Elinar, founded by Elina Juntunen and Ari Juntunen in 1994, has grown into a company of nearly 30 employees. Elinar provides artificial intelligence solutions that help companies grow their business and enhance their content management solutions.
“Elinar has been developing its own artificial intelligence, ElinarAI, which understands the text. Any text can be used to form a kind of information structure, which can then be used to support decision-making or business process automation,” says Ari Juntunen. Elinar is an expert in unstructured data. In practice, this means that Elinar’s artificial intelligence understands unstructured data, such as text written by humans, medical reports, or invoices, for example. “Our artificial intelligence has been developed for automating unstructured document processes. These automated processes create cost savings when people do not have to do the mechanical work and are only involved in the decision-making,” says Ari Juntunen.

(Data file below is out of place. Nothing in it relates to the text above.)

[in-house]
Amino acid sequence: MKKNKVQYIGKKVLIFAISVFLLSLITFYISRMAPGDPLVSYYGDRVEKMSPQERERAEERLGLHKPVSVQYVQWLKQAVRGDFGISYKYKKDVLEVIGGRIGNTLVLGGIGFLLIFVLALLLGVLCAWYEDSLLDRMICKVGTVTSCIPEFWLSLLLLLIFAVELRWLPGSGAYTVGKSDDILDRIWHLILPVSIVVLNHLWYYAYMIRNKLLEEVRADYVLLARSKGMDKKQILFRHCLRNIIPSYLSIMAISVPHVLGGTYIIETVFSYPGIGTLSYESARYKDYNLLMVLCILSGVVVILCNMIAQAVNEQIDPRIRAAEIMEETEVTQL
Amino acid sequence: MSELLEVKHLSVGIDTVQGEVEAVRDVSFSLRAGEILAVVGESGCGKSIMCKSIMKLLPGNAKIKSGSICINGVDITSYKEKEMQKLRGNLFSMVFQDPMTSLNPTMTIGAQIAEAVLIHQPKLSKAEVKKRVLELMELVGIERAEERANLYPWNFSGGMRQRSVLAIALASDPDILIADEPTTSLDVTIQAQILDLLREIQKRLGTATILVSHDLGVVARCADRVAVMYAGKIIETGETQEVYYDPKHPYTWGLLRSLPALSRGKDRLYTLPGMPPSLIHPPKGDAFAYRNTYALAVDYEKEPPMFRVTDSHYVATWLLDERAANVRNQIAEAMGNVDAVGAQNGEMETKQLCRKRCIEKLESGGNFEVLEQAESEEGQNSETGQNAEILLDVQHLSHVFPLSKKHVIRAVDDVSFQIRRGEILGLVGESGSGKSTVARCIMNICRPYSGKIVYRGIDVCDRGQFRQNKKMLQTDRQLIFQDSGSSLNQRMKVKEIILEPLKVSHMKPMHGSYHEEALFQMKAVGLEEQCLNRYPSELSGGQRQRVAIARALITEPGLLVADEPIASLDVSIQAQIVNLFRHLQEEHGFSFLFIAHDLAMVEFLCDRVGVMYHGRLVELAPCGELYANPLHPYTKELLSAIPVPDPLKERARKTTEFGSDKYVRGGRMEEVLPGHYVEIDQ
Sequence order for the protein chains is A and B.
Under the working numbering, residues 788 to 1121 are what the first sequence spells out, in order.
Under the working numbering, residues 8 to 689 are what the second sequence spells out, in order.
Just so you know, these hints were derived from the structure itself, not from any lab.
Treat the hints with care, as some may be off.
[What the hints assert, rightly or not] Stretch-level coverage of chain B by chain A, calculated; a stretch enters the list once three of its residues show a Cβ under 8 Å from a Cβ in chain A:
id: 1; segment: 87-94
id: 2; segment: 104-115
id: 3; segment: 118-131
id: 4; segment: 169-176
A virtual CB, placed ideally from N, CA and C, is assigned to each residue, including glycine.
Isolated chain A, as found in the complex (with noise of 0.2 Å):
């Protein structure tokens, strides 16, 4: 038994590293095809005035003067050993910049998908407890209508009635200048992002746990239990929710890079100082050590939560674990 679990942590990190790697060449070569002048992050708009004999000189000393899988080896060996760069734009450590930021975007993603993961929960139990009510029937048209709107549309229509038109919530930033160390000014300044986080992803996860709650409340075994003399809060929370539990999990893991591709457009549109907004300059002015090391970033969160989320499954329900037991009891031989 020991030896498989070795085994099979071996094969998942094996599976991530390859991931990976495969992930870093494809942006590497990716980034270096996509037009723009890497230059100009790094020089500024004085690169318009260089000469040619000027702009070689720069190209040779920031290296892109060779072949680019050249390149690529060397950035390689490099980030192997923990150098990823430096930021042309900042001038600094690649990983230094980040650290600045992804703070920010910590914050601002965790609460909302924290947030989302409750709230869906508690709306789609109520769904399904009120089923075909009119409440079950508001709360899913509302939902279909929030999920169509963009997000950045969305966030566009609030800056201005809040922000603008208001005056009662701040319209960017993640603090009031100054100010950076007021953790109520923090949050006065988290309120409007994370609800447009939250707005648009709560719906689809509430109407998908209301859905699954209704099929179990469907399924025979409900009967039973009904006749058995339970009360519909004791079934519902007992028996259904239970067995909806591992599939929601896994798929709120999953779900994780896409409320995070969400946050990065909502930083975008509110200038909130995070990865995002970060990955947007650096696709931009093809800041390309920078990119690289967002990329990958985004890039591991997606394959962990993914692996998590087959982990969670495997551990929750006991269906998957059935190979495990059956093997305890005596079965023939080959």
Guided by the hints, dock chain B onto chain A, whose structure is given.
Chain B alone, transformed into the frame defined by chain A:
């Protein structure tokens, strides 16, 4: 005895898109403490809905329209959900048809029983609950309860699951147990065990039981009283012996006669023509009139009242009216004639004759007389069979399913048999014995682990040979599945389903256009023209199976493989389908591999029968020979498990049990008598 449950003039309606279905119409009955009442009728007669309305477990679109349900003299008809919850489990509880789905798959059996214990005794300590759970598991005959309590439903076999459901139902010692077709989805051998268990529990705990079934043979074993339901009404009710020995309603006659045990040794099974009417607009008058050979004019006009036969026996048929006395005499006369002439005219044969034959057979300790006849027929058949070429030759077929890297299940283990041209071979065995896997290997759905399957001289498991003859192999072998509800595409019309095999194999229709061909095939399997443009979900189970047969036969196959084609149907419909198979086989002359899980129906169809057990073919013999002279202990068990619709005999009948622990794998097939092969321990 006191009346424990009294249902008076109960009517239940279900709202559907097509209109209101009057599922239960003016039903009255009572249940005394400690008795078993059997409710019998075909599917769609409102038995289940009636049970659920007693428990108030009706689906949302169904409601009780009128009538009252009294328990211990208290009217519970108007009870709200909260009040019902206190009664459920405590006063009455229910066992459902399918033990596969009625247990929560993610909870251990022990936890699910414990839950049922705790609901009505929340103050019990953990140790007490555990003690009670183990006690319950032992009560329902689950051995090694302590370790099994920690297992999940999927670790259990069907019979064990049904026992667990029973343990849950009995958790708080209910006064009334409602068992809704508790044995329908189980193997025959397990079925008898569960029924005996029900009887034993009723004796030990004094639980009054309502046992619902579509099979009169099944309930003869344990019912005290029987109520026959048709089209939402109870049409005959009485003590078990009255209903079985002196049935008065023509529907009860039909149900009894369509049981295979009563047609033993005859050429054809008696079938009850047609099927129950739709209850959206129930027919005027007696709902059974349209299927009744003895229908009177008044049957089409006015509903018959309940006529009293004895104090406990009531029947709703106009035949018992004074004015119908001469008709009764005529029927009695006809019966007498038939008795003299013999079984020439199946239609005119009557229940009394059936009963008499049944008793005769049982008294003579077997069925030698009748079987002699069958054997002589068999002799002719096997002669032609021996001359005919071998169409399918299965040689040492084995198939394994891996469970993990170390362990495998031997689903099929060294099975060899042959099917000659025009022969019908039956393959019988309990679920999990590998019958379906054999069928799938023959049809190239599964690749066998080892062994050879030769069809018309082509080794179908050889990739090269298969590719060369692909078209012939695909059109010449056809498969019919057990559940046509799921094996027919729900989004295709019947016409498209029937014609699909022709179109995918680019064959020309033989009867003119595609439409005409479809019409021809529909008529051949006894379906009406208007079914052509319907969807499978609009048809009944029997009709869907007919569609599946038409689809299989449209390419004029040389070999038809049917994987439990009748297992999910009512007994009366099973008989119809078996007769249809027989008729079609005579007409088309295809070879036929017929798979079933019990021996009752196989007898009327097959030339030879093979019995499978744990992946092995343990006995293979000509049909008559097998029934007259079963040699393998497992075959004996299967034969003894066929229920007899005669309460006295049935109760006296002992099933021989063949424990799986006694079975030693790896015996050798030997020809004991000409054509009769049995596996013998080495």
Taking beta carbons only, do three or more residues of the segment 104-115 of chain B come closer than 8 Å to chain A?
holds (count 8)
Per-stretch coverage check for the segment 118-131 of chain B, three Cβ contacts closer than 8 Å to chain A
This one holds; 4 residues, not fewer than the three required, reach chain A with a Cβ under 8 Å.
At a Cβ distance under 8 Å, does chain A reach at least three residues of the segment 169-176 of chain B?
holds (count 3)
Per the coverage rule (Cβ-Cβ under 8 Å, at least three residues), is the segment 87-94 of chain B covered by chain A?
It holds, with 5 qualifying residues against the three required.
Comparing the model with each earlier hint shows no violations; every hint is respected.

Elinar differs from other AI companies in that it makes ElinarAI available to its partners. Elinar’s partners are able to integrate the artificial intelligence into their own products: the companies can add the advanced AI features to their own selection within a few weeks. The Swedish company Aigine is a good example. Their product scans all unstructured documents and identifies those that contain personal data, that is, data subject to the GDPR. Artificial intelligence identifies the GDPR’s lawful basis for storing personal data and suggests how it should be retained. “We have developed the solution for Aigine. They are responsible for selling the service to the world and for commercializing the product,” says Ari Juntunen. “ElinarAI is a generic artificial intelligence that caters to the needs of various fields. Now we need people who understand the challenges their business faces and want to utilize artificial intelligence to make their business more efficient.”